Newfoundland town asks for help as stranded seals block roads

Roddickton Mayor Sheila Fitzgerald has called Department of Fisheries and Oceans officials

A seal is shown in a handout photo from Marystown RCMP. (The Canadian Press)

A Newfoundland mayor said dozens of stranded seals are causing havoc in her town, and she’s calling on federal Fisheries officials to remove them.

Roddickton Mayor Sheila Fitzgerald said the wayward animals have been blocking roads, driveways and doors — and residents are unable to move them because it is illegal to touch marine mammals.

READ MORE: Wandering seal visits Newfoundland town, seems keen to stay

An RCMP spokesperson said it appears two of the animals were struck by a vehicle on Tuesday night.

Fitzgerald said the group of about 40 harp seals is becoming hungry, tired and are crying out, suggesting they may be too disoriented to find their way back to the ocean.

The seals’ coats can blend in with the snowy roads, and drivers have reported several close calls.

“This is disturbing for the residents to watch,” Fitzgerald said. ”We are getting inundated with phone calls from people that are saying, ‘You’ve gotta do something. The seals are in my driveway,’ or ‘The seals, I see them suffering.’”

Town council has asked the Fisheries Department to return the seals to the ocean, which is at the edge of a frozen inlet that has trapped the animals in the area since last week.

“It’s not a matter of the seals doing it on their own. If they could, they would have,” Fitzgerald said. ”It’s also a matter that the town can’t take care of it.”

Garry Stenson, lead scientist for the department’s marine mammals section, said officials were in Roddickton on Wednesday to count the animals and assess the conditions before coming up with a new plan.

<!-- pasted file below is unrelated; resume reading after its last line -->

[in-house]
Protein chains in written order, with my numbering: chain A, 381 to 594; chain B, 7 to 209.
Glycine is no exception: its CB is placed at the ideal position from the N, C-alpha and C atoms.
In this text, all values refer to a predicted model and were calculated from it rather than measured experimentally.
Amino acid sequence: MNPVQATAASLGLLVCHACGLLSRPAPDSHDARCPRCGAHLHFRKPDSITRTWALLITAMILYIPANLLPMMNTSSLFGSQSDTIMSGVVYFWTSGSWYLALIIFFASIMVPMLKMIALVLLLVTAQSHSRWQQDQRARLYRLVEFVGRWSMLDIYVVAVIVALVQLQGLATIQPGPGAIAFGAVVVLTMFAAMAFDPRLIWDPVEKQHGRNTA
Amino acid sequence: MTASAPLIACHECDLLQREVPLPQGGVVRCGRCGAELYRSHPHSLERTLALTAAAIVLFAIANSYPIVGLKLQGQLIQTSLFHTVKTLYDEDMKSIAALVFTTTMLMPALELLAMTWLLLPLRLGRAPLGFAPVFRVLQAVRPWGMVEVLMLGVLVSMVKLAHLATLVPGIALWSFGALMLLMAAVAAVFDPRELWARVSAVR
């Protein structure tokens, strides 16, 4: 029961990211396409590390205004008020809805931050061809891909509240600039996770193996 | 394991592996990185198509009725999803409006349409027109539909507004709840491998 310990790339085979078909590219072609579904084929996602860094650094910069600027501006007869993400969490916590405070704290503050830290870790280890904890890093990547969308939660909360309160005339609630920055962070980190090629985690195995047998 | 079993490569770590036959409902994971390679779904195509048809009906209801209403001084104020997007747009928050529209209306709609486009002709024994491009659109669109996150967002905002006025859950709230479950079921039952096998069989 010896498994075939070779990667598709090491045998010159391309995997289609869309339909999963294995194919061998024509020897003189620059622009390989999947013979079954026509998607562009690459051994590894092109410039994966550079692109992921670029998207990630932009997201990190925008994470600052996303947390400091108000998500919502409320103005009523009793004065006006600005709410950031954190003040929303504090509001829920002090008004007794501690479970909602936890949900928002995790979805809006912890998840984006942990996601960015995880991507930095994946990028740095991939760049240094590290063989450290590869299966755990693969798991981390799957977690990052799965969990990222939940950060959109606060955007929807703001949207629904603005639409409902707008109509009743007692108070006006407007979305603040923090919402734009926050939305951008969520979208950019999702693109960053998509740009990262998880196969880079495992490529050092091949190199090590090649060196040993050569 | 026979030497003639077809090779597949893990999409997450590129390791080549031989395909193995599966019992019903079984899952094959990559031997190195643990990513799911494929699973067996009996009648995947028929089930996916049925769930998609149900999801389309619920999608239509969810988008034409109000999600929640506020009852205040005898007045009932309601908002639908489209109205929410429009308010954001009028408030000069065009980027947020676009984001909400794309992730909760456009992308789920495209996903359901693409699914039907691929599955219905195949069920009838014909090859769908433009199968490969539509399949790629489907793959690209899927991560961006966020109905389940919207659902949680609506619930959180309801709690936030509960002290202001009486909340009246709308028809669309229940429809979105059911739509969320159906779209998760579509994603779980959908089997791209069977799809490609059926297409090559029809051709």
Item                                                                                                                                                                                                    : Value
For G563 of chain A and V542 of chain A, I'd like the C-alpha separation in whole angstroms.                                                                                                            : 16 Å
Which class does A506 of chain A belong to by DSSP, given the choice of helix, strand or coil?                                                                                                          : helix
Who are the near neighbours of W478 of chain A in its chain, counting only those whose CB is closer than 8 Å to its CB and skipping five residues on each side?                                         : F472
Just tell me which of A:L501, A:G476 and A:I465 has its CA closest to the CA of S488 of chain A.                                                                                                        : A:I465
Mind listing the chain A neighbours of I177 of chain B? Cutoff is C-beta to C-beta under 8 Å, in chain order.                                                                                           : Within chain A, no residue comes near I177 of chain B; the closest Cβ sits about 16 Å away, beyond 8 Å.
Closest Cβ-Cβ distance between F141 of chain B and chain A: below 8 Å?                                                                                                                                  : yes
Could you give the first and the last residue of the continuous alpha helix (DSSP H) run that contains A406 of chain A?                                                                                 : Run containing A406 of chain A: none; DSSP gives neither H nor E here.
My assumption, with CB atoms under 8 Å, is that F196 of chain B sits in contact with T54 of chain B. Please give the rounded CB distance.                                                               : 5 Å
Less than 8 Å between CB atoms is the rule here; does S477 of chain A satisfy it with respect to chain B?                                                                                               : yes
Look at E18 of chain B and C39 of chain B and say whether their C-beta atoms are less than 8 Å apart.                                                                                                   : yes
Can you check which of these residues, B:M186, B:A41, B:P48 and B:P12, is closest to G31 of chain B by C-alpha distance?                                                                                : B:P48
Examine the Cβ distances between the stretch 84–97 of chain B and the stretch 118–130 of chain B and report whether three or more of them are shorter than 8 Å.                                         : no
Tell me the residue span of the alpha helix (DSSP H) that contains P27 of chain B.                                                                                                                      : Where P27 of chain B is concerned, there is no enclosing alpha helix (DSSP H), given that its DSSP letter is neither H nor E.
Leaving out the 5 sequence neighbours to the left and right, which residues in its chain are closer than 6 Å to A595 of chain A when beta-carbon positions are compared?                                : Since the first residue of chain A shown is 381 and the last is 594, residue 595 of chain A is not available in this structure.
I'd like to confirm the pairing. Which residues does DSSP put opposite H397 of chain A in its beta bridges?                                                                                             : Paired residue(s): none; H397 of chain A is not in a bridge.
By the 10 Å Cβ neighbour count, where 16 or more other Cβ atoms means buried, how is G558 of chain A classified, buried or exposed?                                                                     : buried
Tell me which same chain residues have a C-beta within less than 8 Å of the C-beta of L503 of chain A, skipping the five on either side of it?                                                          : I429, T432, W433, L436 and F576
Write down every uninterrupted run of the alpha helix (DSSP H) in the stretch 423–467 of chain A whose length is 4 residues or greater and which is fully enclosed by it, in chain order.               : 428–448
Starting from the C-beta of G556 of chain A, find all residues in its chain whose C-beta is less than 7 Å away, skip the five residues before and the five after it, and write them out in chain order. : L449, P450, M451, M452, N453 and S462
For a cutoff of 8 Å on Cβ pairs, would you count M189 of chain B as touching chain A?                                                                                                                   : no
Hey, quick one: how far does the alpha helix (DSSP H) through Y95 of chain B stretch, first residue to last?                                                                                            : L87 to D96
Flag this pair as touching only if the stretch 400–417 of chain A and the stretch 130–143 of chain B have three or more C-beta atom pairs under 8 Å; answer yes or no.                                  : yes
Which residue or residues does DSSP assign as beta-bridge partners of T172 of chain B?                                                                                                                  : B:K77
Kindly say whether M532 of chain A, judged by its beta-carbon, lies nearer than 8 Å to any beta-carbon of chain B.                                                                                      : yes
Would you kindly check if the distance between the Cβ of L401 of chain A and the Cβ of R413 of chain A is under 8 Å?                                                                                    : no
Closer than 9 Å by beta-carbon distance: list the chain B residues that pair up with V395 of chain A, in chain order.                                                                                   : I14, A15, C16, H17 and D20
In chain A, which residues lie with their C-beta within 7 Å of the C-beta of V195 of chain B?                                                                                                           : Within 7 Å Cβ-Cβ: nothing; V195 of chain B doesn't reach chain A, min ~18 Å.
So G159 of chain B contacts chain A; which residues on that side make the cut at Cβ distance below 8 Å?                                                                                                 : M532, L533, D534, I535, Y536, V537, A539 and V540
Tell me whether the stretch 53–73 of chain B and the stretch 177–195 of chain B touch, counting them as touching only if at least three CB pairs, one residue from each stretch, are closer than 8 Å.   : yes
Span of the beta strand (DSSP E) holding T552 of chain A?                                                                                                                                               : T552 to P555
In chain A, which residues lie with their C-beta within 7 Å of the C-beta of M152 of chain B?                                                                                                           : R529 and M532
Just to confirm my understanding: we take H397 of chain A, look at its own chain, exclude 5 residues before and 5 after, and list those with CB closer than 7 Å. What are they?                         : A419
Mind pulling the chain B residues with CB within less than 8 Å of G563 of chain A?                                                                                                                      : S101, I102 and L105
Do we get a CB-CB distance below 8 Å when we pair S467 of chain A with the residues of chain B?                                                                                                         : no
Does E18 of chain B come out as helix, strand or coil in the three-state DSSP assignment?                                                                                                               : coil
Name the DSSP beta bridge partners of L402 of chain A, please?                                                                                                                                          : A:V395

He said the department receives calls about stranded seals every year, but he said the number of animals in Roddickton poses a different problem.

Harp seals spend most of their time in open water or on floating ice, and they usually swim away from land.

In Roddickton’s case, Stenson said it appears the seals have wandered too far from the ocean and have become disoriented.

Fitzgerald said a few seals are usually spotted near town every year, but she’s never seen such a large group in such distress.

“What’s going to happen when these seals start to perish all around? It could potentially impact people’s health and well-being,” she said. “This is hard for the little seals, because nobody wants to see animals hurt — but it’s also hard for the town.”

The small community on Newfoundland’s Great Northern Peninsula is home to 999 people, according to the most recent census.

The Canadian Press

Like us on Facebook and follow us on Twitter

Just Posted

Tofino mayor cheers provincial government’s plastics survey

Mayors of Tofino, Victoria, Squamish and Rossland collaborate on letter.

Youth lead Ucluelet Cemetery nameplate project

Students navigate maps and scour local archives over three years to honour deceased.

Tofino awards $2.4M contract to connect path to Pacific Rim National Park Reserve

The district announced the project will be paid entirely with grants.

Semi-truck crashes on Hwy. 4 between Port Alberni and Tofino-Ucluelet

Drivers heading in or out of Tofino-Ucluelet Friday afternoon should expect delays

VIDEO: Canadian zoos’ captive breeding programs help preserve endangered species

Programs considered last-ditch effort to prevent local extinctions of turtles, butterflies and more

Vancouver man arrested after pregnant woman’s SUV stolen, then crashed

Police are recommending charges against a 22-year-old Vancouver man

Environment groups warned saying climate change is real could be seen as partisan

Talk of climate change could be viewed as advocating against Maxime Bernier, the leader of the People’s Party of Canada

Search crews find 4-year-old boy who went missing near Mackenzie

George went missing early Saturday afternoon

15-year-old boy drowns after midnight jump into Okanagan Lake

The RCMP and BC Coroners Service are investigating the drowning.

Canadian entrepreneurs turning beer byproduct into bread, cookies and profits

Some breweries turn to entrepreneurs looking to turn spent grain into treats for people and their pets

Canada ‘disappointed’ terror suspect’s British citizenship revoked

Jack Letts, who was dubbed “Jihadi Jack” by the U.K. media, has been detained in a Kurdish prison for about two years

Chrystia Freeland condemns violence in Hong Kong, backs right to peaceful assembly

There have been months of protests in the semi-autonomous region

Most Read